Executive-judiciary tussle Institutions asked not to transgress their domains
ISLAMABAD, Aug 8: The ongoing tangle between the executive and the judiciary was in the spotlight at a seminar arranged by the Human Rights Commission of Pakistan (HRCP) here on Wednesday Information Minister Qamar Zaman Kaira, Parliamentary leader of the Muttahida Qaumi Movement (MQM) Farooq Sattar, Senior Vice President, Awami National Party (ANP), Senator Haji Adeel and others participated in the seminar.
The speakers urged all institutions to work within the domains defined under the Constitution.
Haji Adeel of the ANP recalled that the judiciary had a record of validating martial laws, alleging that there was collusion between the army and judiciary.
Mr Adeel said the judiciary surrendered before the army but came hard on civilian governments. “This attitude must change,” he said.
He claimed that every judge of the Supreme Court owned two plots each and pointed out that even the judges of Lahore High Court made fortunes by getting precious plots in Islamabad.
He asked political opponents not to weaken the parliament and said today’s opposition could be tomorrow’s government.
Information Minister Qamar Zaman Kaira said democracy was not disappointing the people, but the attitude of some individuals might be the cause of their despondency. He said a blanket condemnation of democracy was not something appropriate.
Mr Kaira said the PPP had tried to avoid confrontation with institutions. “We could have nabbed Gen Musharraf and put him behind bars, but we did what we thought better in consultation with our allies,” he remarked.
Dr Farooq Sattar said real participatory democracy had never come to Pakistan. He said the civil-military relations had always remained at odds.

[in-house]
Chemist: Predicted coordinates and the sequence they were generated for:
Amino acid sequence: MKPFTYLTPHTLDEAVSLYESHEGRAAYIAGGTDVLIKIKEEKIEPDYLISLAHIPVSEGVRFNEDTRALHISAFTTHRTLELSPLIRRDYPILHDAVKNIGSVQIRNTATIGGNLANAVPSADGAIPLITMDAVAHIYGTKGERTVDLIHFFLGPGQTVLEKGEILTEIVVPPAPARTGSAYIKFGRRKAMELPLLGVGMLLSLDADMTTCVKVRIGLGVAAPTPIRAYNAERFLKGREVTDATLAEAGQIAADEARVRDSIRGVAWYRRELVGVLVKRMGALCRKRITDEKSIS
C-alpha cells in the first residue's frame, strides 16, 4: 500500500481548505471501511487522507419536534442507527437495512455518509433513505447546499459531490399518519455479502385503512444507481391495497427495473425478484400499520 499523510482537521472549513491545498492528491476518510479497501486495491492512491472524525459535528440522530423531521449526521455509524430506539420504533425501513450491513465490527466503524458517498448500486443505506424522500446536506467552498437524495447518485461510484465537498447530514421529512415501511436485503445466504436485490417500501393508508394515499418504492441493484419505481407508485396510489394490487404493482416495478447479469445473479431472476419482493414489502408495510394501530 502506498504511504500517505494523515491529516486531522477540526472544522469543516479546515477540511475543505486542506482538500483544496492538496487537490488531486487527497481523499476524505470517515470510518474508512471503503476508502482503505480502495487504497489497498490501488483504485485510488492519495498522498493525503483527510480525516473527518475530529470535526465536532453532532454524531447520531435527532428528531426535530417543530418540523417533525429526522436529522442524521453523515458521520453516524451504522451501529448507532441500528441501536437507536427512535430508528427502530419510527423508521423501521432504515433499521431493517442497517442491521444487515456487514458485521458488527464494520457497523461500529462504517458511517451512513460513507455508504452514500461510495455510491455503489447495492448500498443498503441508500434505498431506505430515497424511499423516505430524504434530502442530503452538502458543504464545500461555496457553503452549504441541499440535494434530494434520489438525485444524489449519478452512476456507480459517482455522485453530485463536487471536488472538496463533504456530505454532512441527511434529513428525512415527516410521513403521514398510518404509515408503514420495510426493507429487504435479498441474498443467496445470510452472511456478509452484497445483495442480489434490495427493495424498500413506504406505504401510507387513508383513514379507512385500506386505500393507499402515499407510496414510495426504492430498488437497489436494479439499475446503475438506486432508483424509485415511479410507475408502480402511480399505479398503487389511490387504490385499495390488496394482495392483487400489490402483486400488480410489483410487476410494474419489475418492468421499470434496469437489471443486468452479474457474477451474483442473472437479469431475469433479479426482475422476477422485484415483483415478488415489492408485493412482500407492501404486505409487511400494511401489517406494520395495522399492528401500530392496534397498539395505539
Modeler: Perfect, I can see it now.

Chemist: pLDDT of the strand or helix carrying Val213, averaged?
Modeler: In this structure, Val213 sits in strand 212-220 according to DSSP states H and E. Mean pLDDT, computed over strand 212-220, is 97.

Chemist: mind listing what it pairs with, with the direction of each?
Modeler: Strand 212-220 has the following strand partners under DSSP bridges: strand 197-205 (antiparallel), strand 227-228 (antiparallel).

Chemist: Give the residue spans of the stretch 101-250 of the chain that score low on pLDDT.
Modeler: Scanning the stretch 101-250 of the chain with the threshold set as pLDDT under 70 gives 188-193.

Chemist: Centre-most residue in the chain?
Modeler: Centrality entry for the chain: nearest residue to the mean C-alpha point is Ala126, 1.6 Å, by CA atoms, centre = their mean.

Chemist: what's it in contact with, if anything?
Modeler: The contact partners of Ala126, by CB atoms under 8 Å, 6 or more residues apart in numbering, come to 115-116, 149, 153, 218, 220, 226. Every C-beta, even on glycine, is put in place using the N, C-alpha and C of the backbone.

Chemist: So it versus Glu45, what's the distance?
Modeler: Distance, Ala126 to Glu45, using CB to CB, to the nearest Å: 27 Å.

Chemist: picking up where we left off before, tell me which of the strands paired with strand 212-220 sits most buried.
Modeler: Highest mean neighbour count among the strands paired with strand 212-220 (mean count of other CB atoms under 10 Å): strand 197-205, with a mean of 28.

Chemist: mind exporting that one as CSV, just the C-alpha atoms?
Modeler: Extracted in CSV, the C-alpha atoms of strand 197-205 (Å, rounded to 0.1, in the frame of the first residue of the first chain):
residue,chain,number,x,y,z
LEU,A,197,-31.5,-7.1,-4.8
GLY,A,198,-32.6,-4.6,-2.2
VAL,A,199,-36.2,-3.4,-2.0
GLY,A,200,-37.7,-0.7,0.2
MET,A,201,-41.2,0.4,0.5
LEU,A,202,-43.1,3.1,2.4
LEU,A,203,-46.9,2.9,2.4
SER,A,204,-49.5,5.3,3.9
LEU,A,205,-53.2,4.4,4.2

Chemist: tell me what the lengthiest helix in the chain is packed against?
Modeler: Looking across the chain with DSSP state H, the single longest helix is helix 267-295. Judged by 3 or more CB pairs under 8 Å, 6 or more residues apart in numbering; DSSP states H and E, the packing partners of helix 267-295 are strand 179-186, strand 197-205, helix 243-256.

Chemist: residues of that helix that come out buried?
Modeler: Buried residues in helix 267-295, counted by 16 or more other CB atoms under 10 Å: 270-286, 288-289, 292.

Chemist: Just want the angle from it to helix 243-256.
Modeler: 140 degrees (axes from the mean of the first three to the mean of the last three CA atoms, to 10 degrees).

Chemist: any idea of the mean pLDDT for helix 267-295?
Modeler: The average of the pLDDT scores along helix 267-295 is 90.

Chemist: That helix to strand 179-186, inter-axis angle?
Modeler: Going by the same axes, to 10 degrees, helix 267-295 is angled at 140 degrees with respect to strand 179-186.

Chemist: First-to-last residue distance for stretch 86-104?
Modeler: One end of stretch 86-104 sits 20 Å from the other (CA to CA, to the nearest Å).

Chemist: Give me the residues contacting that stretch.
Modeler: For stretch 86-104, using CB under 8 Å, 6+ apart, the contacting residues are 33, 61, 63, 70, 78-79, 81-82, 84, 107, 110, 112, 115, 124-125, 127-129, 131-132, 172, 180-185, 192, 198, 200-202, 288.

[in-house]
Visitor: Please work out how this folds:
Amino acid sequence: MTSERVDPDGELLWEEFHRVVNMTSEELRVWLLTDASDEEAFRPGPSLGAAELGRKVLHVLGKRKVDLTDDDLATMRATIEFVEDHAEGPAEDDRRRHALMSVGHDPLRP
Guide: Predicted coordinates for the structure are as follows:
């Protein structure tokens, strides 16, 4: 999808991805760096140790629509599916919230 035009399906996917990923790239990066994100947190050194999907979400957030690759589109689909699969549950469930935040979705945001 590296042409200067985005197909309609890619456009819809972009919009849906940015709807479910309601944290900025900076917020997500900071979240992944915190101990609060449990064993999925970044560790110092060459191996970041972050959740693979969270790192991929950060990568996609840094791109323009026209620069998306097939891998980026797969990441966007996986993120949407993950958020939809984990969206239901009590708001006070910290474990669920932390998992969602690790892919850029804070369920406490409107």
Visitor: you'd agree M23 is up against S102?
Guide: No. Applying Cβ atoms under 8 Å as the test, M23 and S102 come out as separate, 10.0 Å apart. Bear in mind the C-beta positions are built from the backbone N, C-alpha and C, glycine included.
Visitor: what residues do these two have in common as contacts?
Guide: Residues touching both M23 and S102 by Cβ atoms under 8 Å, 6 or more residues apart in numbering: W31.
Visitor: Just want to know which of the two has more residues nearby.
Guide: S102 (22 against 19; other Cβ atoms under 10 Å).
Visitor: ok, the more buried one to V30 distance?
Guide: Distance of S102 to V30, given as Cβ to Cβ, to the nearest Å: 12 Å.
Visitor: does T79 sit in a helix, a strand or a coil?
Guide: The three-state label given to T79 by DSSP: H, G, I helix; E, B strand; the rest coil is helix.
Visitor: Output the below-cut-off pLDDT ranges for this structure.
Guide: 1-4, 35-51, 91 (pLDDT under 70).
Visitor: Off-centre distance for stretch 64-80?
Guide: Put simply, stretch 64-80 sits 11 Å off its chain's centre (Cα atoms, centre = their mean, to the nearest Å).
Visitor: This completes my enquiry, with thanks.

Mr Sattar said the perceived tussle between the executive and the judiciary had now turned out to be a confrontation between
the parliament and judiciary which did not augur well.
Later a set of resolutions (see box) was adopted which warned against attempts to undermine the parliament and called for expansion in membership of the Supreme Judicial Council and formation of a federal constitutional court.
The resolutions were read out by the former HRCP chairperson, Asma Jehangir, and carried by the participants including leaders from key political parties, representatives of the civil society and constitutional experts by raising their hands.
One resolution asked judiciary to exercise restraint so that politicians could engage in electoral campaigning instead of making repeated appearances before the courts.
The gathering through another resolution appealed to the legal fraternity not to take sides.
They also called for doing away with strict qualifications and disqualifications inserted in Articles 62 and 63, noting that it would serve as a tool in the hands of the judiciary against politicians.
It was also demanded that politicians contesting next general polls should declare they would not support any military dictator in future.